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Equine-Assisted Therapy Helps Fourth Grader with Rare Disease Improve Spacial Awareness, Strength, and Self-Confidence

Updated on February 25, 2022
Neve riding a horse named Ruby at Horse SenseAbility in Sherborn, MA, and supported by The Genesis Foundation for Children
Neve riding a horse named Ruby at Horse SenseAbility in Sherborn, MA, and supported by The Genesis Foundation for Children

Neve is not your average ten-year-old fourth grader. Although you wouldn’t know it from looking at her, Neve has a rare genetic disorder called Trisomy X. One in 1,000 females have Trisomy X, also known as Triple X. Females usually have two X chromosomes, not three.

Those with Trisomy X have symptoms such as anxiety, ADHD, language-based learning disabilities, hypotonia (low muscle tone), developmental dyspraxia (impairment in the ability to plan and carry out sensory and motor tasks so that the individual appears to be “out of sync” with their environment), and tall stature. Trisomy X occurs randomly and is not inherited.

Neve Cannot Imagine Having to Beat Someone In Sport

Neve’s mother, Michaela, describes her as an incredibly empathetic young girl, so much so that Neve doesn’t want to play any sports because she cannot imagine having to beat someone else. However, given her low muscle tone and lack of awareness of her body in space, Neve needed to participate in sport to develop her strength and physical awareness. Since Neve loves animals, Michaela thought equine therapy might be the answer.

Neve Was Terrified of Getting on a Horse

Last year, Neve started equine-assisted therapy at Horse SenseAbility located in Sherborn, Massachusetts. The first time Neve went to Horse SenseAbility, she cried; she was terrified of getting on the horse, and her mom didn’t know if Neve would do it. By the end of her first session, Neve did get on the horse but would only do so if the horse didn’t move. Neve’s fear was so great that Polly Kornblith, the Executive Director of Horse SenseAbility, later told Michaela that she was surprised that Neve returned the following week. Neve not only returned the next week, but she got back onto the horse and allowed the horse to be led around the ring.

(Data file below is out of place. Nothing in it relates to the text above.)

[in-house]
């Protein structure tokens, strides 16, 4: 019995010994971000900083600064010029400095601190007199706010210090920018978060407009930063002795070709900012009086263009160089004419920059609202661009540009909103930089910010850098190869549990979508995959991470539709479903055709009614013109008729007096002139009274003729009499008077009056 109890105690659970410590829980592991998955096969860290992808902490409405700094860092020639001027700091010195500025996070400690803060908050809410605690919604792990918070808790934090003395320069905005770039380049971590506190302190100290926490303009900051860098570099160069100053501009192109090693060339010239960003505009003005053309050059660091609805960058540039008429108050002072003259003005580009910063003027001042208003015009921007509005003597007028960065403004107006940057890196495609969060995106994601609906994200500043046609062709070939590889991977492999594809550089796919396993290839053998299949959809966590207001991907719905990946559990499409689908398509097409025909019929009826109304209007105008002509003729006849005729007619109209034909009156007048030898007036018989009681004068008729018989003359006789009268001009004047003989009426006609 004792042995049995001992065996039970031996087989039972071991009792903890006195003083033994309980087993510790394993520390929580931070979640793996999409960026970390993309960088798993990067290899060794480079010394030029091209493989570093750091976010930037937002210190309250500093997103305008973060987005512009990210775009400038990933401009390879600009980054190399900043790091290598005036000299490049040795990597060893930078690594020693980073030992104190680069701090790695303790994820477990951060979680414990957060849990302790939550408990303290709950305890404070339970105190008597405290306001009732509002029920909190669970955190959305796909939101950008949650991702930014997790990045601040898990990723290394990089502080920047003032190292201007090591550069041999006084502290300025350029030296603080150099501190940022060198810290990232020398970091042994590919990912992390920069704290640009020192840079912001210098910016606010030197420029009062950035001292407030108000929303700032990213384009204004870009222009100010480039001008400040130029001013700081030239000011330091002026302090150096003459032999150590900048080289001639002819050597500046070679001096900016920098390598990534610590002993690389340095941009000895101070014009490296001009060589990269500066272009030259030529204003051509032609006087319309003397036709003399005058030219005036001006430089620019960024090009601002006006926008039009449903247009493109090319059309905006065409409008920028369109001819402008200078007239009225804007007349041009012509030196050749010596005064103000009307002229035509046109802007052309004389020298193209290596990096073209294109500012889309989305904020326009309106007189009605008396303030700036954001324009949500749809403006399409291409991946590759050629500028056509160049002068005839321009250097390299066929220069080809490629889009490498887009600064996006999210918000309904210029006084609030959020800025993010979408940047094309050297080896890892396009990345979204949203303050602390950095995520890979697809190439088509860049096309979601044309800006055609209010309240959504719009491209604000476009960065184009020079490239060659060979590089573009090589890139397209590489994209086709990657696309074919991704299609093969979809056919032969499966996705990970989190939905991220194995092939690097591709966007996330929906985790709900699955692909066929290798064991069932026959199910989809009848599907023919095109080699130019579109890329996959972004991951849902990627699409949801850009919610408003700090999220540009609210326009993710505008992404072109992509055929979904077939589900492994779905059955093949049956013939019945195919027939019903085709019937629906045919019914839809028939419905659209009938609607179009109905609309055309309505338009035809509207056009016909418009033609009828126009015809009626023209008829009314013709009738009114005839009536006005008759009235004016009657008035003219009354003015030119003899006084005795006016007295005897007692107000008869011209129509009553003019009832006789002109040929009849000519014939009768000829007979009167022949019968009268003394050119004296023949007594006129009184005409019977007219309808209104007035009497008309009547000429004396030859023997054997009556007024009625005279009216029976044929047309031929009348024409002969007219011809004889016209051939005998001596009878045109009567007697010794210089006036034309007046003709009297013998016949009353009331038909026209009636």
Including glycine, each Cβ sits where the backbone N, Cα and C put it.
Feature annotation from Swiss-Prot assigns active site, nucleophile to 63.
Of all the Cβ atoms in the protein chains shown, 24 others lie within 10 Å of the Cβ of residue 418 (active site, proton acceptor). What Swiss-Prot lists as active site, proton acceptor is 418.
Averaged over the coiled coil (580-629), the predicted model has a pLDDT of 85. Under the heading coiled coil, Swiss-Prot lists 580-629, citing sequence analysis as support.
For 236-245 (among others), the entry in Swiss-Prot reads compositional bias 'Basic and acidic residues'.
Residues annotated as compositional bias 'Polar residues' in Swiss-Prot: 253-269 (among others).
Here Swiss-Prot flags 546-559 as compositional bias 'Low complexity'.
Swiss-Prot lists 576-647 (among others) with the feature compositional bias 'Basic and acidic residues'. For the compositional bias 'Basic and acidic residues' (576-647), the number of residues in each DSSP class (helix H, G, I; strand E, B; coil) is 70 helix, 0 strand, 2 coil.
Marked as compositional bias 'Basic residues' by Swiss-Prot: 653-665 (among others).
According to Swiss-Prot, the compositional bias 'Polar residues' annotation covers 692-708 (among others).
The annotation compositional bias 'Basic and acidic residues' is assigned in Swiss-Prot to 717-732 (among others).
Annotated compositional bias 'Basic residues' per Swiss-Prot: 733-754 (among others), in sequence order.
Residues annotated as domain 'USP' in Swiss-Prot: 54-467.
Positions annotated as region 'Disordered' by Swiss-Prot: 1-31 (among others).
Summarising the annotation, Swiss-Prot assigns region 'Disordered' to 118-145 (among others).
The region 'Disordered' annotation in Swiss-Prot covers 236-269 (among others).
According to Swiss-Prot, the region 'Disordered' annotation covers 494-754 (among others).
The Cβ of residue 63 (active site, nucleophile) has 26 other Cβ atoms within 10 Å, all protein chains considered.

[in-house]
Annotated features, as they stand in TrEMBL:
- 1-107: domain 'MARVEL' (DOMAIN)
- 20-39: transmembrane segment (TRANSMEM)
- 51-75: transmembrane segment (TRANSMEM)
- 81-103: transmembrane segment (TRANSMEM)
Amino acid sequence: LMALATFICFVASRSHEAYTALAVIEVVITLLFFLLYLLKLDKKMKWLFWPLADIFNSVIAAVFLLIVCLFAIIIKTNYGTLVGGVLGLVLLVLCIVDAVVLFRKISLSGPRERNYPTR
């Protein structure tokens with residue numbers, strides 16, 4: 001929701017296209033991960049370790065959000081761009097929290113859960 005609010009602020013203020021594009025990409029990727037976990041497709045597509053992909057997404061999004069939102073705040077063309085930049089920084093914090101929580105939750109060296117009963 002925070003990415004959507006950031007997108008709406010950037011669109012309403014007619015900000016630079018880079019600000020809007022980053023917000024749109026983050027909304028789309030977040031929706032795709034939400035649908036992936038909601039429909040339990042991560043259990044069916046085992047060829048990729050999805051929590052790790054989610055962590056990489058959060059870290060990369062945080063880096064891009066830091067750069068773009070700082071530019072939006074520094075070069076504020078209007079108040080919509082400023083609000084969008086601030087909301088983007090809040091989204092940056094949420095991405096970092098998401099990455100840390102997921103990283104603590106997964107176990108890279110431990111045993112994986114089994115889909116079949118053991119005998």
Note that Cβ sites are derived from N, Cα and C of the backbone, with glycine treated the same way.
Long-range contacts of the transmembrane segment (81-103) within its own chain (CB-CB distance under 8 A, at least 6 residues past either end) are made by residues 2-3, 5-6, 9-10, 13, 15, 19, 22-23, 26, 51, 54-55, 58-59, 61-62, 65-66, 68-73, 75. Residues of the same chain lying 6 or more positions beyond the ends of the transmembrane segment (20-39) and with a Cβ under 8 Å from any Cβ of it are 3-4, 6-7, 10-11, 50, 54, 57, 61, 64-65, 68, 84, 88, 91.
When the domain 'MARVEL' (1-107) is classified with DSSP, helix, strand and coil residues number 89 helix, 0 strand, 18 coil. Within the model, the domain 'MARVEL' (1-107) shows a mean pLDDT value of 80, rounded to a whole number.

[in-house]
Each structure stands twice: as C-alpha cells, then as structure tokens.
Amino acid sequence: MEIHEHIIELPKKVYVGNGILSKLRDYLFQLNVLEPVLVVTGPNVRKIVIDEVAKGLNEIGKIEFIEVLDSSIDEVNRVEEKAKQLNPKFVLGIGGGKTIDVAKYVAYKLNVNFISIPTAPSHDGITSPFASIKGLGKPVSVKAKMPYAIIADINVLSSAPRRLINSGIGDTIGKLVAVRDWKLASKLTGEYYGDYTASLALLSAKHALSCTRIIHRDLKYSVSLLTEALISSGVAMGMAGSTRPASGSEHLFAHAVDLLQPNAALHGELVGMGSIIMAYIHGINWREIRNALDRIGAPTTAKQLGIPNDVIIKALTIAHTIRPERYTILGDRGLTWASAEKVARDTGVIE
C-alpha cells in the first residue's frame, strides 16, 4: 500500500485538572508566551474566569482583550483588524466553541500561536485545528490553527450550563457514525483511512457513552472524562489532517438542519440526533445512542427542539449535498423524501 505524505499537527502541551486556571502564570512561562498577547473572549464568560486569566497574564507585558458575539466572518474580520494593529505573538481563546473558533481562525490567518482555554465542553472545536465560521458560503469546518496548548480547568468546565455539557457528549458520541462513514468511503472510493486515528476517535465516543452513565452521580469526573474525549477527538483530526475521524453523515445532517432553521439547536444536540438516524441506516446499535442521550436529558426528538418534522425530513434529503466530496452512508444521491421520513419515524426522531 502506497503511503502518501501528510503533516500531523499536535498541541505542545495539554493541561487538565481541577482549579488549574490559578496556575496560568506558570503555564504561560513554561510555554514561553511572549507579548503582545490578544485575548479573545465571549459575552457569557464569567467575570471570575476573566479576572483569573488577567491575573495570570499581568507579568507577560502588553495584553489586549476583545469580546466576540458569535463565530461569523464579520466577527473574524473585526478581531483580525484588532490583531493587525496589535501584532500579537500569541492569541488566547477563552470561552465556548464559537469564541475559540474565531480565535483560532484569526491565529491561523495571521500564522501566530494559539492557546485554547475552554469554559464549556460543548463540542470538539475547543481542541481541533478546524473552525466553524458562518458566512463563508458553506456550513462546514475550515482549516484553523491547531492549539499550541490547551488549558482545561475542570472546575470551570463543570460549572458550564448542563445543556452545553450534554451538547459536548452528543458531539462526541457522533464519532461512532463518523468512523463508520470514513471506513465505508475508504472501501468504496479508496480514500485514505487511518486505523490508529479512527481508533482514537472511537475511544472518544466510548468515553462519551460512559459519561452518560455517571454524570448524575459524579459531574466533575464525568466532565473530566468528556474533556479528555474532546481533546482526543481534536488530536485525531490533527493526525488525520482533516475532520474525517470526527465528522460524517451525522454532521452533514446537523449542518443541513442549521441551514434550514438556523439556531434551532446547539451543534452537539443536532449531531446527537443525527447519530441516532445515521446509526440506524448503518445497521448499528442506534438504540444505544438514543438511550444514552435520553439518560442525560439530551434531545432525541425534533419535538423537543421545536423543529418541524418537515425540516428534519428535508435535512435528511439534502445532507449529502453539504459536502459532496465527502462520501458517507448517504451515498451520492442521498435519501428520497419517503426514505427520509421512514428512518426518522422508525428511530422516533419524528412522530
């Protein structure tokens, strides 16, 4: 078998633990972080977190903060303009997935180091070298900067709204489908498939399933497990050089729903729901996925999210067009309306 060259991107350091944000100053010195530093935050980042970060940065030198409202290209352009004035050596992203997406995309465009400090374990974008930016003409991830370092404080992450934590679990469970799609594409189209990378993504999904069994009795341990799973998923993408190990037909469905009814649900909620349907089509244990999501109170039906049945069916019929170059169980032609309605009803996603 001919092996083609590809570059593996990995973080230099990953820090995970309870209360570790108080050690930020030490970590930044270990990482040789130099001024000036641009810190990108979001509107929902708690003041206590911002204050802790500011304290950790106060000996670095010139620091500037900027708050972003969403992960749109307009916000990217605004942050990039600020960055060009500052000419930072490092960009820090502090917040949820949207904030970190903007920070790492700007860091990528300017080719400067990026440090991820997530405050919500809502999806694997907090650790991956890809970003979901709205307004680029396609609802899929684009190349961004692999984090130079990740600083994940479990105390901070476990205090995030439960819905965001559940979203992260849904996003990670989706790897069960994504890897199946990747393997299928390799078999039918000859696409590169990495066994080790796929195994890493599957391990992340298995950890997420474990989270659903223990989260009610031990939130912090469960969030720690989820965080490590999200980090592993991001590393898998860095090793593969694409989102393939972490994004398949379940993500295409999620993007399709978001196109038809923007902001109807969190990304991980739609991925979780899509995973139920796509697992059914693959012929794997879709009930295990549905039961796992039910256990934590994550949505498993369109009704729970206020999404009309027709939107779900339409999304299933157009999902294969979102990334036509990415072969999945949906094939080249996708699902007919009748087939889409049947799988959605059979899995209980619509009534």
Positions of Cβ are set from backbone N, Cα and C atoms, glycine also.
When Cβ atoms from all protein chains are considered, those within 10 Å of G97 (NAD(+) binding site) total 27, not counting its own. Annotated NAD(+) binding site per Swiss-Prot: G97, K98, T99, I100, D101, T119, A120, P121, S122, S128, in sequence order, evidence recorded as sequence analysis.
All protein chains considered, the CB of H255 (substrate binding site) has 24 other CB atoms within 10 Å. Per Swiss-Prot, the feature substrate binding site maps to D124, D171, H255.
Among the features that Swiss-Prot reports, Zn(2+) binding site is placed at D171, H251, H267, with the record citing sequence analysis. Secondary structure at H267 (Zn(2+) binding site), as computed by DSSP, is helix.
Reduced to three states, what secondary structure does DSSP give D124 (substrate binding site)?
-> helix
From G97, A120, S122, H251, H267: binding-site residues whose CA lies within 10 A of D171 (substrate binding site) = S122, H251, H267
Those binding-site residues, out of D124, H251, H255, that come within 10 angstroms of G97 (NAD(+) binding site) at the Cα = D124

Neve has been going to Horse SenseAbility for a year now and loves it! Riding has helped Neve develop strength in her legs and core. She has become more aware of where her body is in space. She has also learned that horses are sensitive to emotions, just like she is.

Self-Confidence Gained While Riding Transfers to Other Aspects of Life

The best part is that riding has helped Neve become more self-confident, which has transferred to other aspects of her life. For example, Neve used to be very afraid of dogs, had a phobia of getting shots, and was too scared to climb up a ladder. She’s no longer frightened of dogs, recently received her first shot in four years, and is no longer afraid of ladders because she is better aware of her body in space.

From riding, Neve has learned that she has to follow a process before being able to get on the horse. She needs to put on her riding gear, among other things, and then enjoys the fruits of her efforts. She has learned to enjoy completing tasks and reaching a goal. As a result, her overall executive function skills have improved, and the feedback from her school teachers supports this. Neve now has become more adventuresome and wants to take up karate!

The Genesis Foundation for Children Provides Grants for Therapies for Children with Rare Diseases and Genetic Disorders

The Genesis Foundation for Children provides a grant to Horse SenseAbility to fund Neve’s equine-assisted therapy. Since 1982, The Genesis Foundation for Children’s mission to provide wraparound care for children born with rare diseases and genetic disorders has not wavered. In addition to funding The Feingold Center located at Boston Children’s Hospital, we also fund additional programs and services that support the entire family.